Death Tax

The Pillsbury Production of Death Tax: Living On

By ADAM SCHENCK and BECKY HALAT

Imagine a world where instead of death being the great equalizer, one can live on—“be preserved”—if one has the money to maintain care. Lucas Hnath’s script offers a somewhat frightening look at the future of elder care, showing the awkward discussions that would inevitably become necessary. Death beaten back, if only temporarily, is a compelling theme.

Director Hayley Finn praises the prosody of dramatist Lucas Hnath’s dialogue in Death Tax, but these critics reserve higher praise for the lack of sentimentality present in the text. True, all four actors get to riff with Hnath’s impressive wordplay, but in all honesty, how often do we see the harmless old lady play the villain?

The acting in this production is impressive and the language is precise, yes. But somehow Hnath’s script fails the actors in this Pillsbury production. The set is sparse; we see a nursing home where the elderly go to be preserved instead of to die.

A minimalist set certainly can be part of an excellent production, but the acting needs to compensate. While the actors do yeomans’ work, the minimalist script fails their efforts. The motivations of the characters are not fully fleshed out. These critics had difficulty understanding what motivated each character.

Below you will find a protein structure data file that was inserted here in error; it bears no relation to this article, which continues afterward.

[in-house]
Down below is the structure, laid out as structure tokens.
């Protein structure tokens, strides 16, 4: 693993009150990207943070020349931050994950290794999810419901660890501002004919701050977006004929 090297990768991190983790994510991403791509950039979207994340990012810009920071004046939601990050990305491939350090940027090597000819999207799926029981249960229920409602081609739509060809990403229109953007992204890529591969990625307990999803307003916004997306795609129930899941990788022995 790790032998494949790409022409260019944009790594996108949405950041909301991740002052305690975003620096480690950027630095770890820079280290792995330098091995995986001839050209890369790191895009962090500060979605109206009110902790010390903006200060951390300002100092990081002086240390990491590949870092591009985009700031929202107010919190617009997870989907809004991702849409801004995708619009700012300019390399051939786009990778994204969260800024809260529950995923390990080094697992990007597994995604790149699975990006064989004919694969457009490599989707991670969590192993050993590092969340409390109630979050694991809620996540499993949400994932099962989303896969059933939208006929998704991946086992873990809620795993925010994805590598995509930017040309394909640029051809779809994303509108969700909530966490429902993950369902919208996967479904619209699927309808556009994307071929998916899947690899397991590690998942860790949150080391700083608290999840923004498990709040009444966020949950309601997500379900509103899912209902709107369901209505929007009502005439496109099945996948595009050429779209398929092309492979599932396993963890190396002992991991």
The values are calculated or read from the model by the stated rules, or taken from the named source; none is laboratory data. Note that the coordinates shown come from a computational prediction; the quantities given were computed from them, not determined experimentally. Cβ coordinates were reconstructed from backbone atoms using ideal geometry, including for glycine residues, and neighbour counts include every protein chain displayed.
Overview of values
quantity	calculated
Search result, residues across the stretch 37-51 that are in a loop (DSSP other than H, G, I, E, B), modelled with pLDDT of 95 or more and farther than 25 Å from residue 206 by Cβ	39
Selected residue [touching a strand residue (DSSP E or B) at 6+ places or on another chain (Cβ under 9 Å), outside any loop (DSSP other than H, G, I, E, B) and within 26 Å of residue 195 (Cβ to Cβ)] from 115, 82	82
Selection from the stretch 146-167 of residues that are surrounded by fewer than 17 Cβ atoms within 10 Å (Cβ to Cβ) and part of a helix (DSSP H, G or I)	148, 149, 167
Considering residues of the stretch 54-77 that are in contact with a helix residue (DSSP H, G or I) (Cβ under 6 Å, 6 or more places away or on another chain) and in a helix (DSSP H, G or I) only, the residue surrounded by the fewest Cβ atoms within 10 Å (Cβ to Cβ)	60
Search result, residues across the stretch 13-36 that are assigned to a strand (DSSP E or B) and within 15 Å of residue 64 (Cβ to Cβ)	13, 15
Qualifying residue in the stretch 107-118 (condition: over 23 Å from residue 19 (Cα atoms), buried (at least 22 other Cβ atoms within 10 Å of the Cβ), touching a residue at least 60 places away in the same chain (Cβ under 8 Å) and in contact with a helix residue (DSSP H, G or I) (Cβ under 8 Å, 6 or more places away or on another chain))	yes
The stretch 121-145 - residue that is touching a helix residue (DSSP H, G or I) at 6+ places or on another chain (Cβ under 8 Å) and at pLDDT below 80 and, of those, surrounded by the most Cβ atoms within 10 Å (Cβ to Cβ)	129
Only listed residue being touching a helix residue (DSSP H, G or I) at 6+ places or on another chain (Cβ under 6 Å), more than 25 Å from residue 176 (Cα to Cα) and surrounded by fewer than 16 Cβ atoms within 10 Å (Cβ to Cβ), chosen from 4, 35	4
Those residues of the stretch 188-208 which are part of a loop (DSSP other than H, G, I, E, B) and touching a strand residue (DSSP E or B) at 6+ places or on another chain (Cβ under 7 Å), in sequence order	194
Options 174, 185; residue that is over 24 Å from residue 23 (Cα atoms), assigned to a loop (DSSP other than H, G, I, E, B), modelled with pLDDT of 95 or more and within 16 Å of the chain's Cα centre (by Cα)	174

We never understand why Maxine (Wendy Lehr) seeps in aged anger or why Todd (Clarence Wethern) so easily and dramatically shifts from lust to greed. In all, the characters’ actions and impulses do not seem cohesive. While they could both be understood as complicated and human, their contradictions come across as confusing.

All the characters get monologues, but only Tina (Regina Marie Williams) is given the background to explain her motivations. Yet even with her, the twist at the end isn’t sufficiently explained or satisfactory.

For these critics, the most disappointing element of the play is the underutilization of Daughter (Tracey Maloney), who only contributes to one of the five scenes in this 90-minute play. In the end, exemplary acting (particularly on the part of Wendy Lehr) and a captivating theme was unfortunately not enough to make up for the script itself.

Death Tax plays March 6 – April 5, 2015, at Pillsbury House Theatre, 3501 Chicago Ave. S. in Minneapolis. Performances are Wednesdays through Saturdays at 7:30 pm and Sundays at 3:00 pm. All tickets are pick-your-price (regular price = $25), and available at pillsburyhousetheatre.org, 612-825-0459, or 612-787-3622 (for group sales).

Free child care, provided by the staff of Pillsbury Early Education Center, available for the 7:30 performance on March 13 and the 3:00 performance on March 22. Audio-description will be available for the 7:30 performance on March 27. ASL interpretation available for the 7:30 performance on March 28. Post-show discussions with community partners will be held after several performances and will focus on end-of-life care and directives, with times to be determined.

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